As an expatriate, or an individual who might aspire to live the dream in a home of your own in the sun. You may be considering a lot of things financially, QROPS, UK pension transfers, overseas investments, SIPP’s, or advice on income tax or wills and inheritance tax, the list can be a long one. You may also be considering taking financial advice.
My name is Russell Hammond APFS MSCO, I’m a Chartered Financial Planner and Investment Adviser. I also practice as a chartered member of the personal financial society and am a full member of the chartered institute for securities and investments. I have extensive experience advising expatriates on investments and UK pension transfers. I would like to share with you some advice, and some tips that will certainly save you time, and may even save you money.
Regulation is important, check it, and double check it.
It can be easy for a company, or individual to appear professional and well-regulated, a slick website, an eye-catching logo or a smooth talking advisor may go some way to making you think you are dealing with someone reputable. However it is fundamentally important to check thoroughly that the person or company is well regulated to practice in the particular field of advice that you need. With a well regulated and client focused organisation or individual you can be certain of a service that is holistic, impartial and genuinely professional. Don’t be tempted by polished branding or an organisation that might just happen to be in the same town as you, a well-regulated advisor will make their selves available for you wherever they might be based, whether online or over the telephone. It is also a good idea to avoid firms based in less well-regulated areas of the world. The UK is one of the best.
Adequate capitalisation and indemnity insurance, in case things go wrong.
Consider the financial crisis back in 2008 and the financial uncertainty surrounding the UK’s withdrawal from the EU. Sometimes events beyond our control have an impact, it is rare but things don’t always go the way we plan, no matter how robust the plan. Check your potential advisors have adequate indemnity cover or adequate capitalisation, if they are good, and well covered, they will not mind proving the fact.
Qualifications are important.
The field of financial advice services is unique, at times it can be alarmingly easy for advice to be dispensed by a firm or individual not properly qualified to do so, financial advice comes in many different forms, across a wide range of fields. It is important to verify your advisors suitability for your particular field of interest. It is important to bear in mind that strong qualifications are no guarantee of instant success, but they can go a long way towards giving you a professional, impartial and considered service. Strong qualifications also mean an advisor will have the confidence to know when there is a need to liaise with other professionals to bring you the best possible service. Poor service can be down to many things, ignorance of proven investment practices, greed for commission, or just a lack of attention to detail. Again, any firm or independent advisor who is client focused will not mind you establishing their qualifications and suitability to offer you the advice you need. If possible try to work with a financial adviser that is Chartered. Chartered status means that they are at the very top of their profession (in the UK top 10% of advisers are Chartered, advisers working with expats around 1% are Chartered) for knowledge acquisition and professional development.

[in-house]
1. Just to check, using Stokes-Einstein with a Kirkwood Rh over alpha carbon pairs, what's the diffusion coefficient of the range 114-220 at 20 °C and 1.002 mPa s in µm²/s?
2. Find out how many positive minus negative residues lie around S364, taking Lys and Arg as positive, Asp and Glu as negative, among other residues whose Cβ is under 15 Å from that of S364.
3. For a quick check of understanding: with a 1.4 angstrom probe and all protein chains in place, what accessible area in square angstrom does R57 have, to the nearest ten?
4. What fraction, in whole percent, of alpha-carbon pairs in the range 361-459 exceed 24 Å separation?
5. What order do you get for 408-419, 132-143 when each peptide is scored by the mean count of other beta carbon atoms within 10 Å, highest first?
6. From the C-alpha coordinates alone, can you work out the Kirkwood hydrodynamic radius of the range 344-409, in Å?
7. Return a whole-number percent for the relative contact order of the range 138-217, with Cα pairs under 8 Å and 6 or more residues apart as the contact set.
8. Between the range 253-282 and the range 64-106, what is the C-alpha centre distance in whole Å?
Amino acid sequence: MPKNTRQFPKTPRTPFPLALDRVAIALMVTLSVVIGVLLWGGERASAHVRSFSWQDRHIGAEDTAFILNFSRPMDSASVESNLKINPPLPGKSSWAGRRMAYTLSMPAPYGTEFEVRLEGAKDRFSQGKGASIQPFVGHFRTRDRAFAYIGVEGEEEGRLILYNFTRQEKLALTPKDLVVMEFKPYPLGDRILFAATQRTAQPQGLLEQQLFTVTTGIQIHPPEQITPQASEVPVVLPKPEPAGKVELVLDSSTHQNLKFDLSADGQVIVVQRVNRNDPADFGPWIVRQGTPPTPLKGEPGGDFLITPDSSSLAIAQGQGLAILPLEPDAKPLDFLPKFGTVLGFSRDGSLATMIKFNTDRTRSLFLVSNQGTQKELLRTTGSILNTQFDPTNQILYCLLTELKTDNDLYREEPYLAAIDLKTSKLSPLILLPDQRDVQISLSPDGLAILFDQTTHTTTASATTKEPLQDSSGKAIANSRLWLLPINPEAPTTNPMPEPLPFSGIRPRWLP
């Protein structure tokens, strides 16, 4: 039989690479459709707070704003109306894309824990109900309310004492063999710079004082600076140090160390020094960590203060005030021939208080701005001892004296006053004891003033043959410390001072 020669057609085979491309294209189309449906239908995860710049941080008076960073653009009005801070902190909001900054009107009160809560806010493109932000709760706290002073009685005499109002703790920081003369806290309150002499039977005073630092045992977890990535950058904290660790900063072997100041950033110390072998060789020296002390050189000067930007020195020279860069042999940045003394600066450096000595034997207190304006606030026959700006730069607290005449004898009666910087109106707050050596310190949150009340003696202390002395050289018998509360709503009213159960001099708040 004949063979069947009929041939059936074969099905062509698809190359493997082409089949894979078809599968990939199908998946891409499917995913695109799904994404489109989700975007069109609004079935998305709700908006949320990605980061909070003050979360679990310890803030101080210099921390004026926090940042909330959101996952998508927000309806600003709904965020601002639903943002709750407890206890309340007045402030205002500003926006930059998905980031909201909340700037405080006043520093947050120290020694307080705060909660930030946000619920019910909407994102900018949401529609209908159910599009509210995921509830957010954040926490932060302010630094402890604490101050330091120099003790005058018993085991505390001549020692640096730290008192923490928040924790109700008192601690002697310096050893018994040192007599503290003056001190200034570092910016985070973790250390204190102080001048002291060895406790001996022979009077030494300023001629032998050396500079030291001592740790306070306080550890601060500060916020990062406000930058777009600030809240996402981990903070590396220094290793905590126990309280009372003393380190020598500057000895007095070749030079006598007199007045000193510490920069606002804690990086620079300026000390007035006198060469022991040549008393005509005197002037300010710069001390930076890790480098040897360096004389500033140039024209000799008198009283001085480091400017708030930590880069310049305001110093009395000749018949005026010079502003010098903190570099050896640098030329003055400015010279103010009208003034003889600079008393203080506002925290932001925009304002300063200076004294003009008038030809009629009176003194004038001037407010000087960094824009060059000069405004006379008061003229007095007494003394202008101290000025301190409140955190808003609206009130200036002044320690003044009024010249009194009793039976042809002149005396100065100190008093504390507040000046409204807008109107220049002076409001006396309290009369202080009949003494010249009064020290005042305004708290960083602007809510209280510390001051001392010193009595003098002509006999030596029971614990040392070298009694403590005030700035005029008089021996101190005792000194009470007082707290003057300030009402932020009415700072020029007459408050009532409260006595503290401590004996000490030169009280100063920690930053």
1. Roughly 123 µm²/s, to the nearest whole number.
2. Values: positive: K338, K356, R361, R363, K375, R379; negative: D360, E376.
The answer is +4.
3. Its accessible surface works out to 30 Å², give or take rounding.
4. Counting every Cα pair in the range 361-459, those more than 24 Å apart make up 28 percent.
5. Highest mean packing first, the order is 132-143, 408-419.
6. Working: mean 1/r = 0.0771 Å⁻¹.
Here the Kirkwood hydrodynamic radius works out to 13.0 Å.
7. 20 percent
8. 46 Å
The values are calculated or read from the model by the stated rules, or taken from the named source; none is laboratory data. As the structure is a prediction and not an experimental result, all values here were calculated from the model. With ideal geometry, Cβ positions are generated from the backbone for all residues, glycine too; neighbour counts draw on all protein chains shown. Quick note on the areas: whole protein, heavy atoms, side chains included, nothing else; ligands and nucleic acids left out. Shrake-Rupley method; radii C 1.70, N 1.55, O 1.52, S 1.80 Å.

Choose fee-based advice over commission based advice, every time.
Any financial advisor worthy of the name should expect to practice on the basis that they only receive a fee for as long as the client is happy with the service that is being provided to them. Commission-based advice goes against everything a client-focused, impartial advisor stands for and, in truth, should be outlawed worldwide.
The above statement may seem harsh, but I make no apologies for it. I regularly come across heart breaking and disgraceful examples of clients being taken advantage of by commission-hungry sales people who work hard to miss-sell an image of professionalism. Only for the client to be cast aside and forgotten about later down the line, resulting in a client that is beside themselves with worry and a portfolio that is both expensive, inconsistent and stands no chance of generating robust and consistent long-term returns.
Offshore Bond Structures.
Professionally, I am not against the idea of using offshore wrappers, such as those provided by Old Mutual International (OMI). A large percentage of my clients use them. However, it is essential that the client must always opt for a non-commission structure, from OMI or other provider. Always bear in mind that a fee-based advisor has little or no allegiance towards any company or financial institution and essentially, they’re not looking to earn commission. The focus for a fee-based advisor is best performance, the most cost effective structures and long-term client satisfaction. I cannot stress enough, the importance of insisting that your financial advisor operates on fee-based terms, with no minimum periods of investment, and no lock-in or exit fees.